To replicate a computer instrument then, one needs to build (or buy) a hardware device equipped with at least one sensor and connect this device to a computer to operate on this input with computer code. In order to share a computer DIY device with the public, or to build one, one needs to write or follow a tutorial that gives detailed instructions, parts lists and access to computer code. More importantly, tutorials and code provide a point of departure for new designs that appropriate, transform and repurpose a design.
The Silent Drum Controller: DIY and Open Source
DIY Instrument Design as a Compositional Practice
I have been working on designing and composing with my own instruments since 2008. Two of my most representative devices are the Silent Drum (Oliver and Jenkins 2008) and MANO (Oliver 2010) controllers, both of which use computer vision techniques to continuously track and classify hand gestures. The Silent Drum (Fig. 1) consists of a black elastic surface that is depressed to create shapes that contrast with a white background. It is not the aim of this paper to explain how the Silent Drum works in detail, as this is well documented elsewhere. 1[1. See Oliver and Jenkins 2008, as well as the author’s website for texts about, pieces for and notation of the instrument.]
The impulse to build this drum was an æsthetic one. For a long time I had been searching for a way to interact with a computer that would allow for “visceral” (Moore 1988) and “intimate” (Wessel and Wright 2002) control of computers and sound. Dissatisfied with the controllers readily available at the time, I set out to build controllers through an “enactive” (Wessel 2006) approach to computer music performance. That is, I was searching to build a controller that attempted to move beyond the “trigger” paradigm of dominant devices featuring keys and buttons, and which allowed for the continuous, multidimensional control of sound.
I have since developed several compositions with the Silent Drum, such as the 2008–09 work Silent Construction 1 (Video 1) and 3 Environments (2010–11). 2[2. More information about these and other works can be found in the “Works” section of the author’s website.] The title Silent Construction intends to capture the process of composing while constructing an instrument. In this process, design decisions about hardware and software are modulated by æsthetic needs, while at the same time, the potential for sound-shaping actions are constrained by the instrument and the body of the performer. This feedback loop is at the centre of my compositional (and instrument design) practice and is yet another instance of the way contemporary musical practices break the barriers between instrument designer or luthier, composer, and performer, a role which I often inhabit myself.
Repurposing Video Devices
The first version of the Silent Drum used an analogue security camera with a PCI capture card (Fig. 2). That version relied on the security industry’s need for a low-latency system and therefore both hardware and drivers were readily available.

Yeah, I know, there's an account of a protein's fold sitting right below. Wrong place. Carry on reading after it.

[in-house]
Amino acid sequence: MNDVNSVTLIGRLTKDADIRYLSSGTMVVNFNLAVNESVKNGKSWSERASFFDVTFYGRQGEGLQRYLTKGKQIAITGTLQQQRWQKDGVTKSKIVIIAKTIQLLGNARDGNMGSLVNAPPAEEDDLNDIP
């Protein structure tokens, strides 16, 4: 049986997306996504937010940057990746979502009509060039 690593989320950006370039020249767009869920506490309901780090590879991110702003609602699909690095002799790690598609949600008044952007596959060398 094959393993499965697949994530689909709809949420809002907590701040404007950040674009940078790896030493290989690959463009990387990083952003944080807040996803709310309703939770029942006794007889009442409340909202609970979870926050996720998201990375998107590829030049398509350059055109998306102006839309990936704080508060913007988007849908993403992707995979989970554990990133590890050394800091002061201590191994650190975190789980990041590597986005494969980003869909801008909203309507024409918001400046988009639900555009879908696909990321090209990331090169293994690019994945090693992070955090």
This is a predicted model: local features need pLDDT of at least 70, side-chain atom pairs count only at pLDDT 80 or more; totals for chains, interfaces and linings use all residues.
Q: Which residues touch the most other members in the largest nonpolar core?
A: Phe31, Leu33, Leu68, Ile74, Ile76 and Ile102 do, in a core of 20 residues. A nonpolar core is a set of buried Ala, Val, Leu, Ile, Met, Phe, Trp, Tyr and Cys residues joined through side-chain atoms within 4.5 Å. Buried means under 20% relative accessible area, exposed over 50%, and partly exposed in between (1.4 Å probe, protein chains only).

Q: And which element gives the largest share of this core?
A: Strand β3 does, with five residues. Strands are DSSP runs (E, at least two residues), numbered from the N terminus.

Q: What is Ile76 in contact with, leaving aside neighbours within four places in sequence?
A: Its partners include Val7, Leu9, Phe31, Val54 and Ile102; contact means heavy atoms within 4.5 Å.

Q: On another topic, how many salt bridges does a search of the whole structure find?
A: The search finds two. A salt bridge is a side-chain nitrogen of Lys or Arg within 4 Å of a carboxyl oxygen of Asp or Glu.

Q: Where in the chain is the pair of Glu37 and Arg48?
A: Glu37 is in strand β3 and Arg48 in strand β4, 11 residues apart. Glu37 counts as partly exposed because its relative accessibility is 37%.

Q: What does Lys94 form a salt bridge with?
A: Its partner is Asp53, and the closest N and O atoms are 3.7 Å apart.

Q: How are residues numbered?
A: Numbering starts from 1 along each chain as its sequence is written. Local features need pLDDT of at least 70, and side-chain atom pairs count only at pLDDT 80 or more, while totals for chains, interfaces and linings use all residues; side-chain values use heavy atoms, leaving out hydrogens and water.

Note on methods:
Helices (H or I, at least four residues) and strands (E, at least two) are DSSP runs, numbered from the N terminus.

It is commonplace today to see computer music applications that make use of game controllers as human-computer interfaces for live performance. Traditional game controllers with buttons and joysticks, Wii controllers based on accelerometers and, somewhat more recently, cameras such as the PlayStation Eye (PS Eye), and particularly the Kinect have gained the most attention.
The PS Eye is a USB camera that can capture video at 120 frames per second (fps) at a resolution of 320x240 pixels, or 60 fps at 640x480 pixels. Introduced in 2007 at a retail price of US$40, it is now sold online for less than $5. Compared to high-end industrial computer-vision cameras selling for hundreds and often thousands, the PS Eye is certainly more limited in terms of functions and resolution, but it is much faster and better quality than consumer webcams designed for use with computers.
The second and current version of the Silent Drum (Fig. 1, above) uses a PS Eye camera as a sensor. With interest in multi-touch surfaces at a peak, the late 2000s saw a swarm of coders and users around the world hacking and sharing drivers to repurpose a variety of cameras away from the manufacturer’s original intended application. The first Linux drivers for the PS Eye were provided by hacker “Kaswy” and are still available on the web. Today, it is possible to use this camera with the Linux UVC driver now installed by default in Ubuntu.
The Silent Drum and MANO controllers were developed by using and hacking open source software. Aside from using Linux and the hacked camera drivers mentioned above, the tracking and sound software were built within the Pure Data (Puckette 1996) and GEM (Danks 1997) open source programming environments. Furthermore, the computer vision algorithm of the Silent Drum was built by learning from and modifying GEM and Pd objects; the chance to see the code of these environments’ objects as well as their GPL license terms was a determinant factor in my ability to learn to code in these environments and ultimately to create new work.